Keeping Track Of Bills Spreadsheet – In the last year, we finally promise to stick to a budget, or regain control of those credit card bills. But managing your money to get those bills paid on time is not always easy.
By 2016, less than half of Americans have budgeted and tracked their spending, according to the National Consumer’s Credit Counseling’s latest consumer financial literacy survey. Keeping abreast of credit card payments was a struggle for 22% of respondents to the survey.
If you decided to put your credit card bills and other financial matters in order this year, doing so may require a little trial and error … and it’s still time. If a method does not work, it does not mean that you failed. It just means you need to try another approach.
Here are some money management strategies to control your bills and stick to a budget this year.
Only spend what you have. The traditional elaboration of a budget requires a forecast of income, as well as expenditure. However, Jesse Mecham, founder and CEO of You Need A Budget, indicates that you have more control by focusing on what’s in the current account today.
“Often, people spend money that they have not yet earned,” he adds. “We want people to be in a situation where the dollar they spend today has earned it 30 days ago.”
To make the change to spend what you have instead of what you will be paid soon, start by allocating every dollar of your checking account. “Write down what you need to do with your money, how much it will cost and when that money runs out, stop,” Mecham explains.
If you can not afford it today, do not spend it until you can. This basic exercise provides clarity and helps you get ahead of your credit card bills, instead of always having to catch up.
Hidden benefits of your credit cards
Start from scratch every month. Record every detail of your expenses can be tedious, particularly if you have many individual charges throughout the month. If you fall behind for a few weeks, it may be easy to give up completely. Lower pressure by changing to a monthly mindset.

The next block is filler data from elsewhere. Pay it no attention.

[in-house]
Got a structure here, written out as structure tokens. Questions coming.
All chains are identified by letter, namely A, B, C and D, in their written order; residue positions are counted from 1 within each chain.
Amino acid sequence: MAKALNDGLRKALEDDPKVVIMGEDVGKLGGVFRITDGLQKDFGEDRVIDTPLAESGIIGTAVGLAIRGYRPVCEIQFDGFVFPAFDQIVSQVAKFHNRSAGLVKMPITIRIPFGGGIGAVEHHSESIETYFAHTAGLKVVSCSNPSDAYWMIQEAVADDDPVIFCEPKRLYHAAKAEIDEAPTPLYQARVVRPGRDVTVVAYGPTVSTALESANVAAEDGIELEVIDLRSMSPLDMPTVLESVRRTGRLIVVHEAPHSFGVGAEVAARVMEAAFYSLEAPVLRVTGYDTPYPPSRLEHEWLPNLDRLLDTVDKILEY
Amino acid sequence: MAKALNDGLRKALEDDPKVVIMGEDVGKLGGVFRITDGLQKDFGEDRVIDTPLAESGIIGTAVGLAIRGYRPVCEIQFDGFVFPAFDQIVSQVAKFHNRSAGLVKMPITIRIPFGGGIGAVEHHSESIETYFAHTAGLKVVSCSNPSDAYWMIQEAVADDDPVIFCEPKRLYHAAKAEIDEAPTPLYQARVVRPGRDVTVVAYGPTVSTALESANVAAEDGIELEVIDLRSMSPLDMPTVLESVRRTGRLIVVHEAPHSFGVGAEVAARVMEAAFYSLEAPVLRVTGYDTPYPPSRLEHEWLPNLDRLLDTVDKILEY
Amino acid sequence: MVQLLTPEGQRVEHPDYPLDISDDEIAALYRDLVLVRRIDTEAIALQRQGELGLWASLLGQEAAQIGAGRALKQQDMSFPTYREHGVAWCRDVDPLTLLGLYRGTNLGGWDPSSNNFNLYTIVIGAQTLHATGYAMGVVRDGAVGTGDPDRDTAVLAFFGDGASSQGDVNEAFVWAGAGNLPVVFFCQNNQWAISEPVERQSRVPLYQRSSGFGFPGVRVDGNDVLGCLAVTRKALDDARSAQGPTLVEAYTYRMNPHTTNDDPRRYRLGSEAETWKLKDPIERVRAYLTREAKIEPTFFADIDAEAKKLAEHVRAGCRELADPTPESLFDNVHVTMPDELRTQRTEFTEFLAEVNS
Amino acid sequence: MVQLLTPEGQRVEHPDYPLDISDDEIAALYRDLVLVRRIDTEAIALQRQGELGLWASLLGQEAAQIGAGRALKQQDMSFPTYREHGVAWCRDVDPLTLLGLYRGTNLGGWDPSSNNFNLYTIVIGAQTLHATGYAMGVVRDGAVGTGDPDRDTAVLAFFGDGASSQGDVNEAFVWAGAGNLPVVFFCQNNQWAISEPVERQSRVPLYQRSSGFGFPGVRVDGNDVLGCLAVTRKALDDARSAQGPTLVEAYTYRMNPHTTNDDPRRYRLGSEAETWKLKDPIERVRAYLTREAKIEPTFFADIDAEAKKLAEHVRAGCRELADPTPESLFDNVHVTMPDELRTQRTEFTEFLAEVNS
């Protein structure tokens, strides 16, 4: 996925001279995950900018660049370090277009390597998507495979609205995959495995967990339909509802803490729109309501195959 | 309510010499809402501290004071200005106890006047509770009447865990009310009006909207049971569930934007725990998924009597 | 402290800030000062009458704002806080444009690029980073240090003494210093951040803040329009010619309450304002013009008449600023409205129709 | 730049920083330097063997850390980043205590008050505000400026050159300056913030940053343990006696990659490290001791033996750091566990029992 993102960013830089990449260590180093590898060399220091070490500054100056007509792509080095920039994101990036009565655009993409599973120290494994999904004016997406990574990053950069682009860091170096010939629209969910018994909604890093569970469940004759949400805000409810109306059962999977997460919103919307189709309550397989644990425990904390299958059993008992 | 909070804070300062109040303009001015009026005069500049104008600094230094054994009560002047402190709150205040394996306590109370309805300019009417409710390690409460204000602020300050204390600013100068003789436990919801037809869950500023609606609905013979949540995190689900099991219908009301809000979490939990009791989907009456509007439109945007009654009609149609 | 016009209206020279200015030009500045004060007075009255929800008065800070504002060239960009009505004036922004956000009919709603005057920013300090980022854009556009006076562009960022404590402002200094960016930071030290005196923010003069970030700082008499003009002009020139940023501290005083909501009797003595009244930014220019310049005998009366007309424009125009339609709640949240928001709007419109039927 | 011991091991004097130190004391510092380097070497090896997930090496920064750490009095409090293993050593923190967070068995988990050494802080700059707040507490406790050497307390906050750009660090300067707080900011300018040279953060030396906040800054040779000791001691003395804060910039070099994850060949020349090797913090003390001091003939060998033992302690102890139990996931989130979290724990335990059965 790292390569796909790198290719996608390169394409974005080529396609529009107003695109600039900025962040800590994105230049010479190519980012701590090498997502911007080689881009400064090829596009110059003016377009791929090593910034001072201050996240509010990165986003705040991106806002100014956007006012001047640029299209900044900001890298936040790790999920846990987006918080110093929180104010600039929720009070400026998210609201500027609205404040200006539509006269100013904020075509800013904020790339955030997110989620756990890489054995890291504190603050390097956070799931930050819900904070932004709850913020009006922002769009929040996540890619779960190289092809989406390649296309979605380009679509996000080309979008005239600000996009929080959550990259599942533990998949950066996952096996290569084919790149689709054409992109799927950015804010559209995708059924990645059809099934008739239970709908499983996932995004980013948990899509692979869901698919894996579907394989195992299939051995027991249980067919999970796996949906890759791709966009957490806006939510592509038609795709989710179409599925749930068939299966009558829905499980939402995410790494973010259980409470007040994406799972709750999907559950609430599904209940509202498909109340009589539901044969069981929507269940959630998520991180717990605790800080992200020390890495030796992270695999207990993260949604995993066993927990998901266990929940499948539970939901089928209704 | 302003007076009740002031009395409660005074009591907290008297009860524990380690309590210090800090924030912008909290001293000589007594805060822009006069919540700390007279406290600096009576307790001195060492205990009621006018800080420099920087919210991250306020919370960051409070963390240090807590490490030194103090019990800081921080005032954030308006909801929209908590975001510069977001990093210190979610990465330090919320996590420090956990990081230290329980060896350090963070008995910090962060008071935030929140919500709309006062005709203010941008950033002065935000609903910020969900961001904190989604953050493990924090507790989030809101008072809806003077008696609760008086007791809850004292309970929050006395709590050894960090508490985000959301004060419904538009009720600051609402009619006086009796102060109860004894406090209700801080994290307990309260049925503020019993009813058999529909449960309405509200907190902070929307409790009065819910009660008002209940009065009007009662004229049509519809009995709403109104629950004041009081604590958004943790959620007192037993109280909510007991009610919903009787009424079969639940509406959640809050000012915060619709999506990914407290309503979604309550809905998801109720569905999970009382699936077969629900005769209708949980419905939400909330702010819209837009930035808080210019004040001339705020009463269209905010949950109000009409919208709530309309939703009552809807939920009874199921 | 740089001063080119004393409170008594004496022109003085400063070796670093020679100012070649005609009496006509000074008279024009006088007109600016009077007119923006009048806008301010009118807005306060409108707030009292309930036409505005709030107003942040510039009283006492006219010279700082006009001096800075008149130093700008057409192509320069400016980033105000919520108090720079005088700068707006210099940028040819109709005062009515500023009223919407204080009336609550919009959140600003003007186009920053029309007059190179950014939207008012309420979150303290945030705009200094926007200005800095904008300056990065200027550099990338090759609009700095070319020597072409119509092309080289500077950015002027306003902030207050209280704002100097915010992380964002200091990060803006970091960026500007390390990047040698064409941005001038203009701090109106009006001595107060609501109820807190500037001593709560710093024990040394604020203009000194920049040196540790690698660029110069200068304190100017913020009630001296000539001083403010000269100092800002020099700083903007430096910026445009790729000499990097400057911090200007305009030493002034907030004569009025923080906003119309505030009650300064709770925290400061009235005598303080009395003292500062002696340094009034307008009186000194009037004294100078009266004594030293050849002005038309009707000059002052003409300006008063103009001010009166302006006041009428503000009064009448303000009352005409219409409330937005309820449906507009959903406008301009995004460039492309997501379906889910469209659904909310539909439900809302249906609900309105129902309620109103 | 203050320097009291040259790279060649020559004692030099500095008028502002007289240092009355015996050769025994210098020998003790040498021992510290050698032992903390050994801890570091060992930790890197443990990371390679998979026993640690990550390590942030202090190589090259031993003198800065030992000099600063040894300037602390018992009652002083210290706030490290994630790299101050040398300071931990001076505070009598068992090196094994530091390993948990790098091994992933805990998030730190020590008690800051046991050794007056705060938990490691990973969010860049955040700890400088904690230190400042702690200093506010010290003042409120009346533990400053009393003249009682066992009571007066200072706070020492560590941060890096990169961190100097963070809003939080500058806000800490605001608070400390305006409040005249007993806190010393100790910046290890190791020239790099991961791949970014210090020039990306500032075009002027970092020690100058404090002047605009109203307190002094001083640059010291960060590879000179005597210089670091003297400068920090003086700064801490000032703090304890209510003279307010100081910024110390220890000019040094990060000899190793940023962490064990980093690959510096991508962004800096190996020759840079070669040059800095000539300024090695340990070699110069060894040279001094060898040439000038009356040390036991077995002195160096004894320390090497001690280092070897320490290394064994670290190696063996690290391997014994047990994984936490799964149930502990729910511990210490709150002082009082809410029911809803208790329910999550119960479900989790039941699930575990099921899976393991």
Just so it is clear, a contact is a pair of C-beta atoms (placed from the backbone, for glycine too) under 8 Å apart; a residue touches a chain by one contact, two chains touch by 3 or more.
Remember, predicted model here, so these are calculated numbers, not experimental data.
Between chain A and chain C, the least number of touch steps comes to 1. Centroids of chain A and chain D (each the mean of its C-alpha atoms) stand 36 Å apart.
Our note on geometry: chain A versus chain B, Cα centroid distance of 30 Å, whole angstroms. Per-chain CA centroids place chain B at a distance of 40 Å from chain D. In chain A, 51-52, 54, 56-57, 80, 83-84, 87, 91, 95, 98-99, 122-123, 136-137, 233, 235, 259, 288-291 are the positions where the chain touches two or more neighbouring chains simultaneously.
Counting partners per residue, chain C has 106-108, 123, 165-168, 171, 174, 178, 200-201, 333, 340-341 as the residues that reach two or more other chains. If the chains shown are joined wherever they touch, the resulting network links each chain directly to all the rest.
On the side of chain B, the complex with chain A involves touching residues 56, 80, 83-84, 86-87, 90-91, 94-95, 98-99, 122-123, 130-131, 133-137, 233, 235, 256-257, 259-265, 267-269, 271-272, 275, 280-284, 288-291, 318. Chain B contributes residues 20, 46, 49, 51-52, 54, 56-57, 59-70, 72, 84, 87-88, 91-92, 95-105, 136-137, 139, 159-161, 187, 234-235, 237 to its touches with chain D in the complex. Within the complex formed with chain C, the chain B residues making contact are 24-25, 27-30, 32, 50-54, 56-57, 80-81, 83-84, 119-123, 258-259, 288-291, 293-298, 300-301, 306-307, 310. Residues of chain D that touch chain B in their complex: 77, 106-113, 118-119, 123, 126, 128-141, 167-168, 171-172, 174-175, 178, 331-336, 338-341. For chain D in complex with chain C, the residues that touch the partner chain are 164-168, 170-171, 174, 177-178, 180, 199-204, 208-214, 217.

On the last day of each month, pay your full credit card bill. That way, you’ll start the next month from zero, with the page blank. Set a monthly spending cap, and keep all your transactions on the card.
Do not lose your view balance for the entire month, to make sure you do not lose the pace in order to keep you within your maximum spending limit. If you’ve spent 80% of your spending limit after two weeks, you’ll know you have to make adjustments for the rest of the month.
Say goodbye to the sprinkle effect. A common and often problematic approach to canceling a debt is to pay a little extra whenever possible, without having a solid strategy to eliminate debt. Kristen Euretig, a certified financial advisor and founder of Brooklyn Plans, calls this the “dew effect”, and warns her clients against it.
In contrast, Euretig indicates that it is essential to create a plan to settle the debt addressed to certain card bills first. “They could be the ones with the highest interest rates first or those with the lowest balances to strengthen your confidence,” he says. Paying a little here or there probably is not going to make a dent in debt, and could prove disappointing over time.
For the rest of your invoices, make sure you do not skip any payments by setting the automatic debit. “That way, even if an invoice gets out of your head, you will not be subject to default interest, and late payment will not hurt your credit,” Euretig says.
Add accounting with automation. Using pencil and paper to keep track of bills and spending is necessary for some consumers, but automation is the key to success for others. Automated money management tools will continue to expand this year, as financial applications become more intuitive and offer more useful services.
Account aggregators like Mint.com have been around for years, and have provided a real-time summary of all your accounts in one place. However, with the recent launch of Mint’s bill payment feature, the software is getting smarter. Mint can now analyze past invoices to set up automatic payment reminders. It’s like having a personal assistant who tells you how much you owe and when you should pay, and even send the payment if you select that option.
Whatever your money management strategy you decide to try this year, you should realize that setbacks and adjustments are part of the process. “You can change the plan at any time. That is part of the planning and is something positive, “says Mecham.
Keeping Track Of Bills Spreadsheet
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